Larry Page's "Owner's Manual" for Google shareholders - his preface to the company's S1 document - has been quietly demoted in an amendment published on Monday. The letter defended the proposed company's 'dual class' ownership structure, which concentrates power not with ordinary shareholders but with the current management, and warned investors that Google would disclose only the very minimum of financial information required by law. ("We would prefer not to be asked to make such predictions," wrote Page). The founders also included some cosmic gwana-gwana with headings such as "MAKING THE WORLD A BETTER PLACE" and "DON'T BE EVIL".
A new coalition of citizens groups and representatives from the computer and telecommunications industry was launched today, with two big names absent. This new alliance, the Personal Technology Freedom Coalition has fairly modest goals - seeking to restore some fair use provisions that will be lost if DRM is accepted, such as making a backup copy of your software, or burning a CD you've bought. It hasn't expressed any intention to address wider reform of the copyright framework, and wants the DMCA left largely intact. It includes Intel, Sun, SBC, Verizon, citizens' groups such as the United States Student Association and the Consumers Union. So it's safe for the children. And the PTFC has rallied behind Congressman Boucher's attempt to reform parts of the Digital Millennium Copyright Act, HR.107, or the Digital Millennium Reform Act first announced in October 2002.
Two spaces on the board of the UK's Internet registry are up for grabs - and three horses are in the running. Every year, two of Nominet's four non-executives on the six-person board are put up for election.
SuperComm FCC Chairman Michael Powell has a grand vision for 2005 - one that includes years of communications hype turning into fruitful reality.
Earlier this year, European digital music distributor OD2 announced that users of the service it sells via a variety of ISPs, high street music retailers and others had downloaded 1m songs in the first three months of the year.
Personal handyphone devleopment Private equity investor Carlyle should find plenty of opportunities to develop DDI Pocket, the personal handyphone system business in which it has agreed to buy a 60 per cent stake. The low-cost system has a lot of potential in developing countries and may also offer opportunities in the data services market.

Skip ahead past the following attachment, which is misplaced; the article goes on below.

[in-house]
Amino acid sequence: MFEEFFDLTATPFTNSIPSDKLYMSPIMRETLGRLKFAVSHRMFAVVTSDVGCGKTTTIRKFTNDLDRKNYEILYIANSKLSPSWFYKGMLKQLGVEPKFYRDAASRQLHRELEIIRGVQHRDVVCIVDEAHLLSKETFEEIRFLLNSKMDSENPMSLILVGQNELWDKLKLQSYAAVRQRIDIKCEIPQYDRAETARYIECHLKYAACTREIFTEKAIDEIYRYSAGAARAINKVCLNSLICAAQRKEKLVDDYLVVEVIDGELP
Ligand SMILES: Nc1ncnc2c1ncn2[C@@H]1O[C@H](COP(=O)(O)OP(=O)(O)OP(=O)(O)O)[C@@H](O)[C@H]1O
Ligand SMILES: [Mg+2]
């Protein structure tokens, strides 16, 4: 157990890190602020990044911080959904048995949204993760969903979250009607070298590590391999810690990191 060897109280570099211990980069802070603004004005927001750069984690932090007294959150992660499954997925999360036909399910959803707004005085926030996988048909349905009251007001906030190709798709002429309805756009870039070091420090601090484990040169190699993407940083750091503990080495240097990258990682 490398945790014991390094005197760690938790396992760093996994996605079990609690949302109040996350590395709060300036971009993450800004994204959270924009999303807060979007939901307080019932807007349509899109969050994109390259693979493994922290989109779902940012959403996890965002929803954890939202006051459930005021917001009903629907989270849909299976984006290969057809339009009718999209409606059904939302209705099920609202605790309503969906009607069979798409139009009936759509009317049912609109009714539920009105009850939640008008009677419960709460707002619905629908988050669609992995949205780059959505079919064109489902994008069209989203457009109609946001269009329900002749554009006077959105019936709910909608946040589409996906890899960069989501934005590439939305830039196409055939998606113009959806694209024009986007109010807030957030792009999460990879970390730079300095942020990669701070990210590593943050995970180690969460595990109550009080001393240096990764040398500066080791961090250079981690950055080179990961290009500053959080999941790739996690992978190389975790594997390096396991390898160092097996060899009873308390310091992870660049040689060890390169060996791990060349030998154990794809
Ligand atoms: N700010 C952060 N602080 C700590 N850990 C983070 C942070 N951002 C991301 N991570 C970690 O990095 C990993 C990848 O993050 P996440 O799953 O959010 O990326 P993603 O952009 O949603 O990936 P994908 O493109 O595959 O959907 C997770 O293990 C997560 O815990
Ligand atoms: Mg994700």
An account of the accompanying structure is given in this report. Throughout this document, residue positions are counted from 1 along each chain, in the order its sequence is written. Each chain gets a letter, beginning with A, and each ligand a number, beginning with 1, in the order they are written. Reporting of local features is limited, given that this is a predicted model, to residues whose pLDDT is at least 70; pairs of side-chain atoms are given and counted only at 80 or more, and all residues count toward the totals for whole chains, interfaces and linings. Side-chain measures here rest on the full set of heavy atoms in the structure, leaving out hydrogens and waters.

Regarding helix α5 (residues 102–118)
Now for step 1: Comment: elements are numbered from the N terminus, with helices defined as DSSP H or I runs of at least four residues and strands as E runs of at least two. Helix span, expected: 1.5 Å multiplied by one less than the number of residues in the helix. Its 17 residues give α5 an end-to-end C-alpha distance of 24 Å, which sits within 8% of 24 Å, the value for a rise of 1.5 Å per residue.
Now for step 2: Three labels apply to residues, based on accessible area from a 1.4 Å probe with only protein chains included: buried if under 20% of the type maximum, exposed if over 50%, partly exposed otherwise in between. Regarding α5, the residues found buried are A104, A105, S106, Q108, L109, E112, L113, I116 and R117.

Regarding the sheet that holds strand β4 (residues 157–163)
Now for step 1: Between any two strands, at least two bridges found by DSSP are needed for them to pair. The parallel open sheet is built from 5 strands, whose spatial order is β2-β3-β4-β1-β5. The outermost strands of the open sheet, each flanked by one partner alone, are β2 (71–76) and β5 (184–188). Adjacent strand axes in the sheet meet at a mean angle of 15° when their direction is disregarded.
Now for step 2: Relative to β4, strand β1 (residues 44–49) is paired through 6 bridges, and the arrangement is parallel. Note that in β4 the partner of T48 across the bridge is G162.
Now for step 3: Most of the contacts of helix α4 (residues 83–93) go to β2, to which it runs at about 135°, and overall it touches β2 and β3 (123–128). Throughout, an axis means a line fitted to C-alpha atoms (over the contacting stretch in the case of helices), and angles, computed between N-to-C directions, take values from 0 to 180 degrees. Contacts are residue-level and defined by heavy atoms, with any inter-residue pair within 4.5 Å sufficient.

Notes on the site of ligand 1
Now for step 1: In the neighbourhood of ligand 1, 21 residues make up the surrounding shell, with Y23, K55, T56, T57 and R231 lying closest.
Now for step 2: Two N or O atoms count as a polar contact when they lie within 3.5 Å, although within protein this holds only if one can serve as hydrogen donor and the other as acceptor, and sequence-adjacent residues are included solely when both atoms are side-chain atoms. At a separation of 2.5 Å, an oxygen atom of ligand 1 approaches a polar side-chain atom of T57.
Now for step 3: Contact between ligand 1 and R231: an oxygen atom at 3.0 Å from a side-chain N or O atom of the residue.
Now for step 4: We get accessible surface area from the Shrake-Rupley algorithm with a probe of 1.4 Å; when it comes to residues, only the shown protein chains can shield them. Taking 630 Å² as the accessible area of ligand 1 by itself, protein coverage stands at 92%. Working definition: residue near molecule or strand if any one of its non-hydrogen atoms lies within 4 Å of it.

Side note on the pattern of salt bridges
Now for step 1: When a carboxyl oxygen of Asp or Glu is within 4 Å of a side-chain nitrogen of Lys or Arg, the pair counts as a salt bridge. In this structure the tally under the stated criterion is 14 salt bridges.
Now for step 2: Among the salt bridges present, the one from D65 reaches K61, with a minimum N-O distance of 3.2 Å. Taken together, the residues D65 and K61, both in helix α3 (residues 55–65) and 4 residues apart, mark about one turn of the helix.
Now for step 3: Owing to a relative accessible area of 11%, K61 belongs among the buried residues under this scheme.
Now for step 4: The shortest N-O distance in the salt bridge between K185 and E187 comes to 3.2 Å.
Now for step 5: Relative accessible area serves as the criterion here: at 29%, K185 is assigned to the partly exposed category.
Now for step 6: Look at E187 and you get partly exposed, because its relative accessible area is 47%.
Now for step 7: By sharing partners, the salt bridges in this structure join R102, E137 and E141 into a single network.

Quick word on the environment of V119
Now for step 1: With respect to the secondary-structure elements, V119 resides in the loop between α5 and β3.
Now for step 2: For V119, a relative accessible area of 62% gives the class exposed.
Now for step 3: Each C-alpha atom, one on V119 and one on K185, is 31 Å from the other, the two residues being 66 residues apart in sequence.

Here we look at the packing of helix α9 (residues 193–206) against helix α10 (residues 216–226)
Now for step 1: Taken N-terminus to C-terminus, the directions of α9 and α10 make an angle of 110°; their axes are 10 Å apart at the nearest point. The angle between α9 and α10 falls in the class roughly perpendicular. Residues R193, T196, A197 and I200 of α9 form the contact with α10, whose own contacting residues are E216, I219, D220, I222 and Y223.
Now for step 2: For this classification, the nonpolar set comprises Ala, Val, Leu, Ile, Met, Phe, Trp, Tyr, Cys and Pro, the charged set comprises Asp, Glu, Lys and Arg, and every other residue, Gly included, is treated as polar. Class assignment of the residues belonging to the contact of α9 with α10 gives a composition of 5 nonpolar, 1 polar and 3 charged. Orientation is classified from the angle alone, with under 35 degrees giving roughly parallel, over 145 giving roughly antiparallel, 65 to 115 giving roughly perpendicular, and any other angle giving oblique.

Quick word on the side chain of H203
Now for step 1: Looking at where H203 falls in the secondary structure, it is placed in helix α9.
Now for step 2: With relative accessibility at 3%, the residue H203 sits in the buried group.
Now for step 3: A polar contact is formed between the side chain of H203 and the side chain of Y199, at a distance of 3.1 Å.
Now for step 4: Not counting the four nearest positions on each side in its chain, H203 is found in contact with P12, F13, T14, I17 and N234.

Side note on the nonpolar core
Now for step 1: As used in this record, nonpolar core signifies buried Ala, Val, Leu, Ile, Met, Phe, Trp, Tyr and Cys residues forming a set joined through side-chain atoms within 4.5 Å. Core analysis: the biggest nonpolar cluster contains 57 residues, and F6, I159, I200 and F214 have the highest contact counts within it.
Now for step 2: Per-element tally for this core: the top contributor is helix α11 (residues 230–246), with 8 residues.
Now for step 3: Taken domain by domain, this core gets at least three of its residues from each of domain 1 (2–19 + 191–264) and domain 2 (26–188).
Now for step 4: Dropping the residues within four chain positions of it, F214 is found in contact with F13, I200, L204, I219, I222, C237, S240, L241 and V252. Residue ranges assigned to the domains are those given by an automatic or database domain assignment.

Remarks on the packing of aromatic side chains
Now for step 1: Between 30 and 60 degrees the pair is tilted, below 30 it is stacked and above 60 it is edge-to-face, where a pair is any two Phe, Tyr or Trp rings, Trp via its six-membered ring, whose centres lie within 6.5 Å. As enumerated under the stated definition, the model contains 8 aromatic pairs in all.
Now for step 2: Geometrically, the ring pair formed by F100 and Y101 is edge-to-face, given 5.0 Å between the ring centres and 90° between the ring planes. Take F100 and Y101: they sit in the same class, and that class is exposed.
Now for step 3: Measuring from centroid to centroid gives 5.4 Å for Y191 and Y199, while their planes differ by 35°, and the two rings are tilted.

Oracle and Microsoft competed directly for contracts 94 times between 2002 and 2003, according to documents revealed in court yesterday. They went head-to-head at 94 different companies, eight of which were large companies, the New York Times reports.
UNISON - the UK's biggest trade union with 1.3m members - reckons call centres are "bad for your income and bad for your health".
The Digital Home Working Group yesterday issued the first full version of its scheme for bringing the worlds of home entertainment systems and home computing together through wired and wireless links.
eBay is buying India's biggest auction site, Baazee.com, for $50m and some post-acquisition costs. Based in Mumbai, Baazee.com has one million registered users, who flog stuff just like they do on eBay.
Disappointing take-up of new mobile services such picture messaging is behind the creation of a lobby group by the major mobile operators.
Dixons Group has increased turnover by 13 per cent to £6.5bn for the year ended 1 May 2004. Pre-tax profits for the period were up 11 per cent to £331.6m. The electronics retailer plans European expansion and will take on 2,000 more staff, 1,000 of these jobs will be in the UK.
It was five years ago today... It seems almost unthinkable now that we were once satisfied with transferring stuff on a 1.44MB floppy disk - or that 1.44MB was quite adequate for most everyday files. Pretty soon, our lust for bigger, faster, external storage provoked development of a whole basket of essential products:
George Samenuk, chairman and chief executive officer of Network Associates, has sent an email to all staff reassuring them that rumours of an imminent takeover by Microsoft are simply not true. Network Associates makes McAfee anti-virus and security products.
Reg Kit Watch UK media PC developer Moore Innovations has launched its first system, Medio, pitching the machine at home cinema enthusiasts and audiophiles.
A new Beastie Boys' CD called "To the Five Boroughs" (Capitol Records), is raising hackles around the Web for reputedly infecting computers with a virus.
British PCs are taking an average of nine sick days a year due to spam and viral attack, Yahoo! claims. This is two more days than the typical Brit spends at home as a result of illness/injury/Euro 2004-induced hangover.